Sondra Radvanovsky and Marcelo Álvarez
in Il Trovatore
(© Ken Howard)
Sondra Radvanovsky and Marcelo Álvarez
in Il Trovatore
(© Ken Howard)
On any CD compilation of Verdi arias, several blockbuster tunes from his often-maligned Il Trovatore would have to be included. Indeed, there are those who maintain that "The Anvil Chorus" is the most famous piece of music written for any opera ever. For that reason alone, there's a good case to be made for audiences waxing jubilant at any production throughout which the composer's music is sent soaring into the auditorium with consistent bravura -- which can indisputably be claimed for David McVicar's new production of Il Trovatore for the Metropolitan Opera, which is being presented in tandem with Lyric Opera of Chicago and San Francisco Opera.

Indeed, this new version, conducted at its premiere by Gianandrea Noseda, hits the mark on just about every aria, but never more than with the ultra-hummable "Anvil Chorus," during which shirtless and brawny men strike those anvils in ringing delight.

Fortunately, Trovatore's music distinguishes a credulity-straining story that may have resonated with mid-19th-century aficionados, but nowadays falls just this side of ludicrous. Set against wartime shenanigans -- which McVicar has decided will be the "Peninsular War" of 1808 -- brothers Count di Luna (Dmitri Hvorostovsky) and Manrico (Marcelo Alvarez) vie for the love of the same woman, Leonora (Sondra Radvanovsky). Meanwhile Manrico's supposed mother, the witch Azucena (Dolora Zajick) skulks around the Count's operations base seeking revenge for a baby (accidentally?) thrown into a fire.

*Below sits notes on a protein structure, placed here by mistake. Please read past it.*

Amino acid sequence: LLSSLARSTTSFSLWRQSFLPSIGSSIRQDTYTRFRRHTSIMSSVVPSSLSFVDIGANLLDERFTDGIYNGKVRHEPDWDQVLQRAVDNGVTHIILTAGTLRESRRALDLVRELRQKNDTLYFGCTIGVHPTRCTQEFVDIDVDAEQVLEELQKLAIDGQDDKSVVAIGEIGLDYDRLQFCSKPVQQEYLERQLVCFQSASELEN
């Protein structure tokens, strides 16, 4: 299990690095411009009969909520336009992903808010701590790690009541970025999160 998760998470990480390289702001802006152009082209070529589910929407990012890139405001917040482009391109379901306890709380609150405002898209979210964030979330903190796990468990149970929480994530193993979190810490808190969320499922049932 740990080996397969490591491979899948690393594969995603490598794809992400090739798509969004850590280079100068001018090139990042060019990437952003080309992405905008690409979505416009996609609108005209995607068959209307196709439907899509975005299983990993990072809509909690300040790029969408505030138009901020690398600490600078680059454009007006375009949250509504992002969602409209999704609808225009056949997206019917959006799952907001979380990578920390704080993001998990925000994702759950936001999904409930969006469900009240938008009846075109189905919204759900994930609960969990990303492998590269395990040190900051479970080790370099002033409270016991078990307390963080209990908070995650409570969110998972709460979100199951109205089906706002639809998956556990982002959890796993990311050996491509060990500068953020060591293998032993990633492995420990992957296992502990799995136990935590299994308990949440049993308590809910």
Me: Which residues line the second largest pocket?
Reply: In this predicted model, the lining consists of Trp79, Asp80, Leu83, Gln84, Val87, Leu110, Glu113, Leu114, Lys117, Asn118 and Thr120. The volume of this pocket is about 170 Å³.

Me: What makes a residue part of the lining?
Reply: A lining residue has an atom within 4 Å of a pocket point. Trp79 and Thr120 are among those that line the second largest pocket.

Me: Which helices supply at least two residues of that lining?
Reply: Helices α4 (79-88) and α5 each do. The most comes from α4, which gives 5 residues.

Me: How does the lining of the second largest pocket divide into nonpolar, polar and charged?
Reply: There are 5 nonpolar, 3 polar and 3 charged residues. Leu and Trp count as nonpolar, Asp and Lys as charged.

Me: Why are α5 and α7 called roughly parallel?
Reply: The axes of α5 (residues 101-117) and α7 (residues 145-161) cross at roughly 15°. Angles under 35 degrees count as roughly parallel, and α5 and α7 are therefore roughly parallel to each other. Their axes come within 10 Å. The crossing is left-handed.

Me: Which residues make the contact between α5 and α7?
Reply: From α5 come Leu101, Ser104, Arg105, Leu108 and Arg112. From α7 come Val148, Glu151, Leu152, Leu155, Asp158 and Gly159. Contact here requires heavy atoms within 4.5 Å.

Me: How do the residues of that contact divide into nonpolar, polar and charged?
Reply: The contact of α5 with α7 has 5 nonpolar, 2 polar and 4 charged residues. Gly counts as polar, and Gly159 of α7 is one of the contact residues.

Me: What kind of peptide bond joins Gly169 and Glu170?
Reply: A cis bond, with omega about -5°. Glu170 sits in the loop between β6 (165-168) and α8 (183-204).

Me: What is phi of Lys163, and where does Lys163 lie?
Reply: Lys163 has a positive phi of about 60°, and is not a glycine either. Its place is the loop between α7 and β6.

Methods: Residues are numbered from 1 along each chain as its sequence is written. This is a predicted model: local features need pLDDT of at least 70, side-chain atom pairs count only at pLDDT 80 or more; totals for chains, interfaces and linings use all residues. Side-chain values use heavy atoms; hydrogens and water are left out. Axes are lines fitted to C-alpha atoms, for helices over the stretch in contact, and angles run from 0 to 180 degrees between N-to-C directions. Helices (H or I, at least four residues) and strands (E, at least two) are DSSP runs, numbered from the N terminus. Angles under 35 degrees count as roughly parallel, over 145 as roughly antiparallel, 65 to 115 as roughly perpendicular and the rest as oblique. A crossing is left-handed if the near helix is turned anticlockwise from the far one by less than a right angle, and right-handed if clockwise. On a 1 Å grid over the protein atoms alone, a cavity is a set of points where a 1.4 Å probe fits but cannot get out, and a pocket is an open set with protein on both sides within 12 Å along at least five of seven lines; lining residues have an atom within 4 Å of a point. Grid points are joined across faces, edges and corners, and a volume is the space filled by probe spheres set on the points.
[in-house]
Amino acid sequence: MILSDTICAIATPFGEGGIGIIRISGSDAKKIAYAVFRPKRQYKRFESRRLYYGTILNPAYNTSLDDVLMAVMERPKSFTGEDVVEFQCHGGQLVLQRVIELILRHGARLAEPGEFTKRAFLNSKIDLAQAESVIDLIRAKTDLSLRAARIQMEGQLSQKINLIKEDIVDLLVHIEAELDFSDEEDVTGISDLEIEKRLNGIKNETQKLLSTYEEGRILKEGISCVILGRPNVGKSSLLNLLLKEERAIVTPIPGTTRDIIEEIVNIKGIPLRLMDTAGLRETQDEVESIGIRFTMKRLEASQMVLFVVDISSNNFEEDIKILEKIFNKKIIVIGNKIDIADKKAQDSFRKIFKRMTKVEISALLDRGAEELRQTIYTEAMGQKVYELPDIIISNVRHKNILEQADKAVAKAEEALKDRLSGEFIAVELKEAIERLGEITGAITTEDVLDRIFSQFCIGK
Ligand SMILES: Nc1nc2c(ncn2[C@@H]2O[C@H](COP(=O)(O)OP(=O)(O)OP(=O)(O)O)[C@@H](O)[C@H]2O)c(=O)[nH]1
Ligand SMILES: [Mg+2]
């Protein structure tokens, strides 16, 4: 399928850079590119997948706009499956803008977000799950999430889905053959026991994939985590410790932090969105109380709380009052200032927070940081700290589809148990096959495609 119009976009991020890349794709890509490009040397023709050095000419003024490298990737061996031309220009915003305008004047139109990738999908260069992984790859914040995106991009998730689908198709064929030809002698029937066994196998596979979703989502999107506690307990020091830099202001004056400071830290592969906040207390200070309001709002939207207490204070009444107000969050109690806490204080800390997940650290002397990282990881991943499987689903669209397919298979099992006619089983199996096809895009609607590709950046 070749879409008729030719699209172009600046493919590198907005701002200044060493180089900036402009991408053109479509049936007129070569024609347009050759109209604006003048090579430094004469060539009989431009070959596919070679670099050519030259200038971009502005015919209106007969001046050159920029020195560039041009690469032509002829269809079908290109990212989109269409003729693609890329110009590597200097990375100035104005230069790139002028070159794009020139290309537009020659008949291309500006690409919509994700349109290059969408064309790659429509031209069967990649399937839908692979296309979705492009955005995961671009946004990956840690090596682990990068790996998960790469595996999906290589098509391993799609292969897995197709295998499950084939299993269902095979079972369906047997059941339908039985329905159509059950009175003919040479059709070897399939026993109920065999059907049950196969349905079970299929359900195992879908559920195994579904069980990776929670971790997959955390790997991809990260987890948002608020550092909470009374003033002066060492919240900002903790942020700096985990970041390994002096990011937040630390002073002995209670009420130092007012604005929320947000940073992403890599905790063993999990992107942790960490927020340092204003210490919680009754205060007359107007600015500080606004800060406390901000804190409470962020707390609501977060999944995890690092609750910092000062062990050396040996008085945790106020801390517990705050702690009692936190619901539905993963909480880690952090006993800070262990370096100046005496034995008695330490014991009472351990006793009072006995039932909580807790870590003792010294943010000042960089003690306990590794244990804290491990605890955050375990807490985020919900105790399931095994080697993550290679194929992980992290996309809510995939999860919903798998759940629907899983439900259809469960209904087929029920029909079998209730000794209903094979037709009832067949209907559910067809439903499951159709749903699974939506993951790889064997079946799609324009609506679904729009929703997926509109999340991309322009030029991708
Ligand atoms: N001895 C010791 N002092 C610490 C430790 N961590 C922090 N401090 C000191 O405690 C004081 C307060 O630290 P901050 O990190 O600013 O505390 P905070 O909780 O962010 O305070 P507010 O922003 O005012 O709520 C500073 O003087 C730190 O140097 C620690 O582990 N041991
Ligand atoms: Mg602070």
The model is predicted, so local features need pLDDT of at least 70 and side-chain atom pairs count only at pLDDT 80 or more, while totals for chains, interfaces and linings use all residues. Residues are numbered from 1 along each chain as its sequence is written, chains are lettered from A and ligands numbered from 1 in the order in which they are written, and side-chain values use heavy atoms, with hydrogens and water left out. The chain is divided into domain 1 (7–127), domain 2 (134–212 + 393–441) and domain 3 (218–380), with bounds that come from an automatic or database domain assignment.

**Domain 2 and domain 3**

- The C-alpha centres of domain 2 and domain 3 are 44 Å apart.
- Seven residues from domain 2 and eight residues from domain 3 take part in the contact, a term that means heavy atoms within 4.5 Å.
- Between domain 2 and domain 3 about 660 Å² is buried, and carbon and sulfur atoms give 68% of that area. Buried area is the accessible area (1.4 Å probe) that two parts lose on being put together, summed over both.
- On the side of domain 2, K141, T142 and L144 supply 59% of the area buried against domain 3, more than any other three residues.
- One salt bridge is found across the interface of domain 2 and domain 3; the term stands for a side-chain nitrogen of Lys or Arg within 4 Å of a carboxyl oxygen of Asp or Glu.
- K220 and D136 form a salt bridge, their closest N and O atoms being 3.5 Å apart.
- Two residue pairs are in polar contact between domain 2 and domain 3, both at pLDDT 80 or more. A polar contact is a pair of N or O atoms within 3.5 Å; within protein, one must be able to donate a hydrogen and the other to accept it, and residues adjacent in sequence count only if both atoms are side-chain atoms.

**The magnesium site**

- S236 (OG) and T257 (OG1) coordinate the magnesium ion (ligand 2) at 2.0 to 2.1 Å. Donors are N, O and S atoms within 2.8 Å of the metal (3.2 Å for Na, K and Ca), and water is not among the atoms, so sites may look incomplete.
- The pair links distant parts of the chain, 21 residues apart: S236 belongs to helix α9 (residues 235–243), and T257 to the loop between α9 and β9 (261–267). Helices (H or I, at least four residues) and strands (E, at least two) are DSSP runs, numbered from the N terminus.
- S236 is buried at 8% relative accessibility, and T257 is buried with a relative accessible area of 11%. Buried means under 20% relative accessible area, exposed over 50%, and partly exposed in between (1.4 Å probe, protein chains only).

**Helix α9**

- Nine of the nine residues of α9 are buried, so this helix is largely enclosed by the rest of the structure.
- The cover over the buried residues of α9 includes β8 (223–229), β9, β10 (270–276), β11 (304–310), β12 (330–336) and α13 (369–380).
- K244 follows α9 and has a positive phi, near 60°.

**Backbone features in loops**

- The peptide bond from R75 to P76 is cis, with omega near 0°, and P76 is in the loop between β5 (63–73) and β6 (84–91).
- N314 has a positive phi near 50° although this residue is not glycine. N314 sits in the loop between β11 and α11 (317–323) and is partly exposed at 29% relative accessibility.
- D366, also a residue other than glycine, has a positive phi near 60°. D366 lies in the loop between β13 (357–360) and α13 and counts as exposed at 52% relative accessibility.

That the Count and Manrico are brothers and that the former eventually does in the latter to fulfill Azucena's curse is something opera followers let slide -- although given Hvorostovsky's fair coloring and Alvarez's brooding dark looks in this version, the pair's blood tie certainly remains obscure.

In placing the opera when he has, McVicar avails himself of Francisco Goya imagery that's most prominent in a show curtain advertising a detail from the Spanish master's 1821 "Pilgrimage to San Isidro." The mammoth billboard alone may account for Met regulars preferring the new production to the one it replaces from 1988. Whether it's a vast improvement -- with its turntable rotating massive walls that delineate indoor and outdoor settings -- isn't a sure thing.

Still, McVicar doesn't scuttle the traditional tactic of placing his singers front and center whenever they have something to declaim. Nor does he push for subtle acting. While Alvarez, Hvorostovsky, and Zajick warble gallantly and effectively to the rafters, only Radvanovsky reaches inside for emotional intimations. Her vibratos have the effect of a throbbing heart. And while it's true that she spends an inordinate amount of time either falling to the floor of her own volition or being thrown there by Count di Luna or Manrico -- with singing of this caliber, who cares?